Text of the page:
Daniel Korski

Not yet a post-American Europe

Not yet a post-American Europe
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I'm in Brussels where the only news is Obama's cancellation of a trip to Madrid to join an annual EU-US confab.  The FT's Gideon Rachman explains the anxiety caused by the decision:

'There is no doubt that the Spanish government, which currently holds the rotating presidency of the EU (You thought it had been abolished? Fooled you!), will treat this as a bitter blow. The Spanish prime minister Jose Luis Zapatero was royally snubbed by George W. Bush and so it was really important to him to underline that he has a great relationship with the sainted Obama. (...)

The Spanish are not the only Europeans feeling snubbed by Obama. The president of the European Commission, Jose Manuel Barroso, was enraged when - on a recent trip to Washington - Obama failed to schedule a lunch with him, and the Commission president was fobbed off with Joe Biden.'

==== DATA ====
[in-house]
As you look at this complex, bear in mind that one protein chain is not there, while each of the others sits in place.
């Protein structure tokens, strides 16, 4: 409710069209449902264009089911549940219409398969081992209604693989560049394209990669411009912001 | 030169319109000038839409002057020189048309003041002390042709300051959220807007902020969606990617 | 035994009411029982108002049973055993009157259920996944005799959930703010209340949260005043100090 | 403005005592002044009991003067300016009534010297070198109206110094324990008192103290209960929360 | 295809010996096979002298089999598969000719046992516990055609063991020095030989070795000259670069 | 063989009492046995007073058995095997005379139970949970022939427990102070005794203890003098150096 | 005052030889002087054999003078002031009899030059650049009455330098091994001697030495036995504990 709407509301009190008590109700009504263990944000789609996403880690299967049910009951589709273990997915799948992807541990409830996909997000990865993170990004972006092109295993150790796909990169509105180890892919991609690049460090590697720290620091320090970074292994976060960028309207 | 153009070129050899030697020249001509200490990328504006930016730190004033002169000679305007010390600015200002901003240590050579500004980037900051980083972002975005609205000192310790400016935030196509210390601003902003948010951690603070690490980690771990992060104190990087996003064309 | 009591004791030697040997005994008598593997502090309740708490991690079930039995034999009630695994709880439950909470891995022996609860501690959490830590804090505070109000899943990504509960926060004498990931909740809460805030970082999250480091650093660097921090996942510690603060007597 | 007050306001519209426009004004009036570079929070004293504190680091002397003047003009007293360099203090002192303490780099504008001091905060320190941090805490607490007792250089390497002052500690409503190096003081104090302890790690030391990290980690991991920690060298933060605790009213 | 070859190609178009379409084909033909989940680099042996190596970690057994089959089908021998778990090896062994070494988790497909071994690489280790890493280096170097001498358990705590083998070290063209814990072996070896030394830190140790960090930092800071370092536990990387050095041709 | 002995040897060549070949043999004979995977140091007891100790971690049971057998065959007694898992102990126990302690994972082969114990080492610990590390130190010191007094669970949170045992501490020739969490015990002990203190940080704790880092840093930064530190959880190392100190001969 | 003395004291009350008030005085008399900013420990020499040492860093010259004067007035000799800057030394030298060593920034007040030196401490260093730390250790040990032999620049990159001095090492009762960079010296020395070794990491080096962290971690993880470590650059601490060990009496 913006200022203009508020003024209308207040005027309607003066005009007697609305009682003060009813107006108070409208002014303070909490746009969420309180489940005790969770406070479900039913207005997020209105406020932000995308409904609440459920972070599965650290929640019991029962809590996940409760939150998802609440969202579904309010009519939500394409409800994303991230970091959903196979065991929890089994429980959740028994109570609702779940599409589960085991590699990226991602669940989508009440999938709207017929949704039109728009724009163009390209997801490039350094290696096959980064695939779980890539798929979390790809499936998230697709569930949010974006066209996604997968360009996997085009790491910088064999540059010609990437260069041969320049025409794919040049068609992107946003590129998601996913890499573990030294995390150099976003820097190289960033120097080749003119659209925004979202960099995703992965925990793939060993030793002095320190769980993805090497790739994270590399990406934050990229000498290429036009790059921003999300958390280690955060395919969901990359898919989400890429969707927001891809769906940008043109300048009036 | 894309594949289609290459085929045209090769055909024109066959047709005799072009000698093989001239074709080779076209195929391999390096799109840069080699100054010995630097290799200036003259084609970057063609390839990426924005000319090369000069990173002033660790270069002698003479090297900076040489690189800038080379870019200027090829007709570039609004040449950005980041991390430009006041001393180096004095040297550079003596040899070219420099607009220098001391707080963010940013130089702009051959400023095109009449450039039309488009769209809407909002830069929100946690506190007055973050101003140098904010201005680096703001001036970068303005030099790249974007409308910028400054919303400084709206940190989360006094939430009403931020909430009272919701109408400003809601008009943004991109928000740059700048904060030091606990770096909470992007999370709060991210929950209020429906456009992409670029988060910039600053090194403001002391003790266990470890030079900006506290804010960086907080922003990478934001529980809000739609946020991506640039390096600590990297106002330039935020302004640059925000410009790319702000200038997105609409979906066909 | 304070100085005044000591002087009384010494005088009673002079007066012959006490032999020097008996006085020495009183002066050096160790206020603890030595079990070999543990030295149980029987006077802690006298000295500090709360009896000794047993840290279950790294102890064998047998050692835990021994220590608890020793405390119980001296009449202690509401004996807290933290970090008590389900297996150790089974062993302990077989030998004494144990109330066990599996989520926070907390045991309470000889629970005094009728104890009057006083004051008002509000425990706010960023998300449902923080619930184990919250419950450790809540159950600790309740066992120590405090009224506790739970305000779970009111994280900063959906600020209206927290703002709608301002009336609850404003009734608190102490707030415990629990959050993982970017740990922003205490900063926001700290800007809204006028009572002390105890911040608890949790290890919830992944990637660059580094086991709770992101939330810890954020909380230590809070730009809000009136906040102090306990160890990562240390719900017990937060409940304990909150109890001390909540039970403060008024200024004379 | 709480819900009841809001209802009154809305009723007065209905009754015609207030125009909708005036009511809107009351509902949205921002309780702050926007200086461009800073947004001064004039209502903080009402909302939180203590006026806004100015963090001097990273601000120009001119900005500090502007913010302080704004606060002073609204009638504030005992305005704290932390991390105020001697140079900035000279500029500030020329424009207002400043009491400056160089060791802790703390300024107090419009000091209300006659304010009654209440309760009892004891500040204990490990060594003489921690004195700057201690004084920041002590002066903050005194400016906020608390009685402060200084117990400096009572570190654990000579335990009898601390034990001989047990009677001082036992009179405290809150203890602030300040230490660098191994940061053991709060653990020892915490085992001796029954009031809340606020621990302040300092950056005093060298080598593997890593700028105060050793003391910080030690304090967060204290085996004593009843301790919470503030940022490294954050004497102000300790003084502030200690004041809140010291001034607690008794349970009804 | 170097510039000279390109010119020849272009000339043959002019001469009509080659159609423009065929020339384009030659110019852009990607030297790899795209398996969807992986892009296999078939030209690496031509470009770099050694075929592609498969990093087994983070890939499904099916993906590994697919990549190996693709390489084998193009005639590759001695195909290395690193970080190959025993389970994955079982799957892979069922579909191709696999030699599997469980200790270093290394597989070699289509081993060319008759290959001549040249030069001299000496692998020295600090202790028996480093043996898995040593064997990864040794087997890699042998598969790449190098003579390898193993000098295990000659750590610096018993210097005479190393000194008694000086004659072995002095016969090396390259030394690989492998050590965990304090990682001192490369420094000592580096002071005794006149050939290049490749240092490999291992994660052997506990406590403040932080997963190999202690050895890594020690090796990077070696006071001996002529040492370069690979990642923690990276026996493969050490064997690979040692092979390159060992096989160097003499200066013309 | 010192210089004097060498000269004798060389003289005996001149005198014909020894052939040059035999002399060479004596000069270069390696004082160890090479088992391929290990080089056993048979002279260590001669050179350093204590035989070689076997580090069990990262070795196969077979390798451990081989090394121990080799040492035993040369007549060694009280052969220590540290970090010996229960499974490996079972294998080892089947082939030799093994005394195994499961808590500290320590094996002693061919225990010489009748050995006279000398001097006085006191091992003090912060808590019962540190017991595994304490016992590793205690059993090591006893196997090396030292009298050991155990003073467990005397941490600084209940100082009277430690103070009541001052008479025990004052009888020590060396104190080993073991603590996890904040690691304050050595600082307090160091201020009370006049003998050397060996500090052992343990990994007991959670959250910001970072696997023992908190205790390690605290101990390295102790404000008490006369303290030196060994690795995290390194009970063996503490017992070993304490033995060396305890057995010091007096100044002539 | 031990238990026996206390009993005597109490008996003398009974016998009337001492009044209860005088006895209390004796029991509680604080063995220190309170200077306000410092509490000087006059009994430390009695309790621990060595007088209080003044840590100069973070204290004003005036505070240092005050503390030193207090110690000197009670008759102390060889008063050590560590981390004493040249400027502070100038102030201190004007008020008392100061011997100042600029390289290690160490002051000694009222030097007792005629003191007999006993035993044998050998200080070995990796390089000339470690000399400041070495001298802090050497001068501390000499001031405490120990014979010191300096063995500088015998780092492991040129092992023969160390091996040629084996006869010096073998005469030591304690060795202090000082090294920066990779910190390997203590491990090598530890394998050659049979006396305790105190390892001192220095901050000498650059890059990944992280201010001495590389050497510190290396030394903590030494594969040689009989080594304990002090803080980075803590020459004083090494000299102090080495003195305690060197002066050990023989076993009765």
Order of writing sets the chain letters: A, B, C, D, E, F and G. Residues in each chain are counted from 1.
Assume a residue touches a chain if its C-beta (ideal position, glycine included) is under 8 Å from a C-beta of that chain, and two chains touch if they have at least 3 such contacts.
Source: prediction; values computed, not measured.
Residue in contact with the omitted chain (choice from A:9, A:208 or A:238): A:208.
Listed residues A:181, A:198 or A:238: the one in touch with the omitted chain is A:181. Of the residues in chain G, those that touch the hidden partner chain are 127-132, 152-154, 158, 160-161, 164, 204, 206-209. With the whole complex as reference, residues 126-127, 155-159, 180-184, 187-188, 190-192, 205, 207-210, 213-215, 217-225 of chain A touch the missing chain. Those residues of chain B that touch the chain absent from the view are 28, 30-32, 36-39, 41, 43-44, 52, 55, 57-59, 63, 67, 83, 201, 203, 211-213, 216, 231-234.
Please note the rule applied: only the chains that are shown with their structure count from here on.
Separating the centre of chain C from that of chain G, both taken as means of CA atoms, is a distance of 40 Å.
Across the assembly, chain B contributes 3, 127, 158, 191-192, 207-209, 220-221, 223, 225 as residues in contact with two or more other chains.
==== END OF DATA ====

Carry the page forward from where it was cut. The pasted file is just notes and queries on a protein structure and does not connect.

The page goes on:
There is no doubt that the US is undergoing a strategic redirection, with the President more concerned about China than Europe. Witness the clumsy handling of missile defence, for example, or that he always gives the word to China first in meeting he chairs, like the G20 in Pittsburg.

But the Europeans have not exactly showed themselves to be easy partners - whether in NATO, EU or bilaterally. European governments weren't exactly rushing to help Obama with Guantanamo.

I wonder whether the bout of euro-pessimism is not a bit misplaced. In one year, Obama went to London, Strasbourg, Oslo, Prague, Copenhagen (twice) and will go to Lisbon later this year - that's probably more than any first-term, first-year US president. So he is skipping Madrid - big deal.

Has Spain, a country that sometimes seems to want to be part of NATO and the Non-aligned Movement, done anything to deserve the extra US attention? And anyway, America is getting used to a post-American world - so should Europe.